The meeting was an excellent opportunity for delegates to socialize informally, as well as a chance to formally recognize the achievements of our members. Delegates mingled at the BBQ beside beautiful Lake Banook, Dartmouth on Monday evening, an Awards Banquet was held to honor awards recipients on Tuesday evening, and in addition many students were recognised for their achievements at the Awards Luncheon on the Wednesday. In addition, there was a new initiative this year, an “undergraduate roadtrip”, from Winnipeg to Halifax, which involved undergraduate participation in some conference activities and added an extra dimension of “liveliness” to the meeting. We hope to that we will continue to have support from our student members in future meetings!
On behalf of the Local Arrangements Committee, a big thank-you to all who made the 2016 CSBE AGM and Technical Conference a great success!!
Su-Ling Brooks, PhD PEng
Co-chair Local Arrangements Committee
More pictures can be found on the website:
Congratulations to all the 2016 Awards recipients for their outstanding contributions through work and achievements!
Dr. Shahab Sokhansanj, Adjunct Professor at UBC and Professor Emeritus from the University of Saskatchewan, received the Founder’s Award in Bioenergy Excellence. This prestigious award recognizes his outstanding contributions to the field of bioenergy.
Dr. Sokhansanj received the award at the recent 7th International Bioenergy Conference and Exhibition (http://www.bioenergyconference.org/).
Please join us in warmly congratulating Shahab!
The Climate Leadership Plan released by the Government of Alberta in November 2015 aims to accelerate the transition from coal to renewable electricity sources, put a price on carbon pollution and set emissions limits for oil sands.
In January 2016, Biomass and Bioenergy Research Group (BBRG) held a meeting at the Chemical and Biological Engineering Department. Delegates from BBRG, Wood Pellet Association of Canada (WPAC), FPInnovations,BioFuelNet, BC Bioenergy Network and the Wood Pellet Sector came together to discuss the ways to introduce biomass as a sustainable and renewable fuel source to decarbonize the power generation in Alberta. Subsequently, a one-day Biomass Cofiring Workshop took place in Edmonton. The overall objective of the workshop was set to address one single question “Why cofiring biomass with coal is a viable option to reduce the carbon intensity of coal-fired power plants in Alberta?” To this end, WPAC teamed up with BBRG and Canadian Biomass Magazine to organize the workshop. Over 125 delegates from power generators, biomass producers, sawmills, public and private forest managers, engineering companies, universities, and government came together on May 4th, 2016, to engage in a discussion on biomass cofiring in Alberta. This workshop was sponsored by BioFuelNet, Canadian Clean Power Coalition, Premium Pellet Ltd., Alberta Innovates-BioSolutions and NSERC.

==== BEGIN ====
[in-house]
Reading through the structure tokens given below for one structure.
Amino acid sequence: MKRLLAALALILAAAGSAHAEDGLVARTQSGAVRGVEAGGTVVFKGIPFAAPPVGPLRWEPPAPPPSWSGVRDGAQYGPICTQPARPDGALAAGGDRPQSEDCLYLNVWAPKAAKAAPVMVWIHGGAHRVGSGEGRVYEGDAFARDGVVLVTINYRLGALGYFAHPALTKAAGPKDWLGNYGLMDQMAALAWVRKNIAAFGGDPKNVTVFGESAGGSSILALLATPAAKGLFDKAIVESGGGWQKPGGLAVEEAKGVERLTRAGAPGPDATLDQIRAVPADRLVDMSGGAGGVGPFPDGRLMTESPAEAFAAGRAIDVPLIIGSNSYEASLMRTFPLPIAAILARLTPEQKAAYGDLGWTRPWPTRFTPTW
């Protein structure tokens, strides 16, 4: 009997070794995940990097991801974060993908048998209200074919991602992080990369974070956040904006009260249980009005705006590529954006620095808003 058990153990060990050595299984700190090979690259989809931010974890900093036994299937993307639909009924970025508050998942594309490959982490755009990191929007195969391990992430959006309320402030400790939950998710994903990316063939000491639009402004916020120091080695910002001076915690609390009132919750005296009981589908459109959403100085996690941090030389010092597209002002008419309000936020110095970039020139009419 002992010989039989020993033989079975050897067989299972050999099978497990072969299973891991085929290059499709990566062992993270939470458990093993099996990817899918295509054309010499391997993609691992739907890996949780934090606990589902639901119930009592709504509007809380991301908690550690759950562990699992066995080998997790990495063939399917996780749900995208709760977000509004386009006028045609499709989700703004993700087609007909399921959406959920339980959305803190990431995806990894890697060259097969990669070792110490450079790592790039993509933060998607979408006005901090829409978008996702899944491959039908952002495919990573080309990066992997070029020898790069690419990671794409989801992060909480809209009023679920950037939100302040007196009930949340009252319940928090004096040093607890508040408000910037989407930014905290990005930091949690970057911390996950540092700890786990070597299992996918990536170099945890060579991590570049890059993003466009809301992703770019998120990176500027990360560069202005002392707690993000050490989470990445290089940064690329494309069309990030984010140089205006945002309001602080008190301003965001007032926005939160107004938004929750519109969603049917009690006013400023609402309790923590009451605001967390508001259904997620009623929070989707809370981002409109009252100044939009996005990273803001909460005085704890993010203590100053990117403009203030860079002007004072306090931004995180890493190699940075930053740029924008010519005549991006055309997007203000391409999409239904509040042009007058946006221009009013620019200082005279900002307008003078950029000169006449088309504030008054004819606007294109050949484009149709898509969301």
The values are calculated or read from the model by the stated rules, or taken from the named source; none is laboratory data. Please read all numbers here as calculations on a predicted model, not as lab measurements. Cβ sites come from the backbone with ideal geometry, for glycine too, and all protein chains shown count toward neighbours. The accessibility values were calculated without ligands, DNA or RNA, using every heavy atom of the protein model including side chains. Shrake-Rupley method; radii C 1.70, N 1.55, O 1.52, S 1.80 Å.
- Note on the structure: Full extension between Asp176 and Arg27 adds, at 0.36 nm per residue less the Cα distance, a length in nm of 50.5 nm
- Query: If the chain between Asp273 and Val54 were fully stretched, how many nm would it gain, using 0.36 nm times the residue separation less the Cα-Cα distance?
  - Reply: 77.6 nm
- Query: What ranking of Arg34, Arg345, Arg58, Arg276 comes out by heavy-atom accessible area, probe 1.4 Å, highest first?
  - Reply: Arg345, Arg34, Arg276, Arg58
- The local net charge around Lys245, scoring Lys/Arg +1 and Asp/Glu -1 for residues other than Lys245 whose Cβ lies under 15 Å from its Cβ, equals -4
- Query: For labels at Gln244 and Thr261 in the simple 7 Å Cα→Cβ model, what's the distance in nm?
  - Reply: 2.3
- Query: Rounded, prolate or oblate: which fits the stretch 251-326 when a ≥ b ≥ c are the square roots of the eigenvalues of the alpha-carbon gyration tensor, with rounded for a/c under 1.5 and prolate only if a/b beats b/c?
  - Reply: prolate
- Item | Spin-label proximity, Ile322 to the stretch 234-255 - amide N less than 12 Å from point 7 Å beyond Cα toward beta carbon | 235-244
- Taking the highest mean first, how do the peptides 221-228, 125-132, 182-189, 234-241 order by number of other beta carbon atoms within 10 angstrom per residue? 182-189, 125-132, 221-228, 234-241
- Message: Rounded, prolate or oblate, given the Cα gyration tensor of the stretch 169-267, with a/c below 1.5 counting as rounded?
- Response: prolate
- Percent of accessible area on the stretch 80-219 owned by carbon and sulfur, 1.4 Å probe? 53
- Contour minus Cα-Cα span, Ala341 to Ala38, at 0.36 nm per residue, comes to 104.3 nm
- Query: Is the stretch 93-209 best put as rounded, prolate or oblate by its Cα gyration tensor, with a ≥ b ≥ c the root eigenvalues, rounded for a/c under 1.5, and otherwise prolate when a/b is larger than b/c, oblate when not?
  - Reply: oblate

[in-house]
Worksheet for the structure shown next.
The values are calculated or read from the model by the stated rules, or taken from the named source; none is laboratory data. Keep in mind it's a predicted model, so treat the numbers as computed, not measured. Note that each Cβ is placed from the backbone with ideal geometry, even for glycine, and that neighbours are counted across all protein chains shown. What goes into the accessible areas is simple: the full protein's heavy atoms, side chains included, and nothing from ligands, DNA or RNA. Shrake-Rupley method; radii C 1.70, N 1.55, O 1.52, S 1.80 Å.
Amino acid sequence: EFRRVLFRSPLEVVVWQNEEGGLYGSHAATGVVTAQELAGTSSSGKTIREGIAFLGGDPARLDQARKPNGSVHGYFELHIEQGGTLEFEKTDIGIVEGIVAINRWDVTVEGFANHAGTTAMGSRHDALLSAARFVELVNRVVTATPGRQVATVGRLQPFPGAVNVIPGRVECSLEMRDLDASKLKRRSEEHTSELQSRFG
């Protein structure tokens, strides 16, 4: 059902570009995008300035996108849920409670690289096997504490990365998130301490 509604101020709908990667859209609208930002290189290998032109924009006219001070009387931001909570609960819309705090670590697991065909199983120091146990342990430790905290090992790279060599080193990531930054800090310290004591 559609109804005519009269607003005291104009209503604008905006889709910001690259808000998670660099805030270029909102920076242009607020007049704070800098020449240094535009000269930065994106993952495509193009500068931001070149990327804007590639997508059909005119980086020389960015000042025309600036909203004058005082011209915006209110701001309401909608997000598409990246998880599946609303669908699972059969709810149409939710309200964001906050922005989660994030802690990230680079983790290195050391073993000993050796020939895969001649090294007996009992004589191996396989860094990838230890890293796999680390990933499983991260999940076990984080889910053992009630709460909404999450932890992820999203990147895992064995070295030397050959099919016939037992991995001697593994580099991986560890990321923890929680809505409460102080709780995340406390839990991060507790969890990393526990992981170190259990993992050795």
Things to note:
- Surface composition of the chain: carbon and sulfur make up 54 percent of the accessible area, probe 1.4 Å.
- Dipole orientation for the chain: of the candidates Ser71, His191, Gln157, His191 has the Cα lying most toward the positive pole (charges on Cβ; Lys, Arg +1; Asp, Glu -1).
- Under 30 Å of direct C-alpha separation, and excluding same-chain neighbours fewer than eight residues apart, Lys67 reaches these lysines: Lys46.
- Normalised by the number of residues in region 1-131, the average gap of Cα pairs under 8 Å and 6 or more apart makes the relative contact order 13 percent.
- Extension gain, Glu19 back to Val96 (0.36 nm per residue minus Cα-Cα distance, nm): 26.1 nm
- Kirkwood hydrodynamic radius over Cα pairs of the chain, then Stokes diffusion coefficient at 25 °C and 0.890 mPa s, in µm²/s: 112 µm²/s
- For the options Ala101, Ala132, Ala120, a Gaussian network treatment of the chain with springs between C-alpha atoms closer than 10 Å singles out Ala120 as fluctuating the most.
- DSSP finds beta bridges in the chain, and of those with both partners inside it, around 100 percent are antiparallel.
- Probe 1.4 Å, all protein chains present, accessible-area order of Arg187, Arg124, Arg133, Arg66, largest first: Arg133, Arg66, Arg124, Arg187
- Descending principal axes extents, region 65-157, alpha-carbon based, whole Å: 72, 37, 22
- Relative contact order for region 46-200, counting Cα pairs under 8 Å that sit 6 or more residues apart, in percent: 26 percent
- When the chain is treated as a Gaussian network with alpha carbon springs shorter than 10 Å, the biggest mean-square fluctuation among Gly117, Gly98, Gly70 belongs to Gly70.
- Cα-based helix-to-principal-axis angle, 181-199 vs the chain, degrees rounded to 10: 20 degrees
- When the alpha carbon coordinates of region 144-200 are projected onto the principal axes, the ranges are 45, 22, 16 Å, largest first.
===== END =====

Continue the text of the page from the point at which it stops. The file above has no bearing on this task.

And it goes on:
Experts from various organizations covered different aspects of biomass cofiring opportunity in Alberta. UBC’s BBRG members, Dr. Shahab Sokhansanj, Dr. Mahmood Ebadian, Dr. Fahimeh Yazdanpanah and Ryan Jacobson, Ph.D. student presented the results of their research on “logistics of supplying wood pellets to coal-fired power plants in Alberta”. Their research sheds some light on woody biomass availability in Alberta and British Columbia, logistics scenarios to supply woody biomass from forest stands to the gate of the coal power plants, the logistics costs and modification costs of the power plants, and the number of potential employment created across the supply chain.
The message at the end of the workshop was clear: cofiring forest biomass with coal is a technically and commercially viable option to combat the climate change in Alberta. However, more collective and prompt efforts are required among different stakeholders to put biomass cofiring on the government’s agenda as a viable option to phase out coal in Alberta.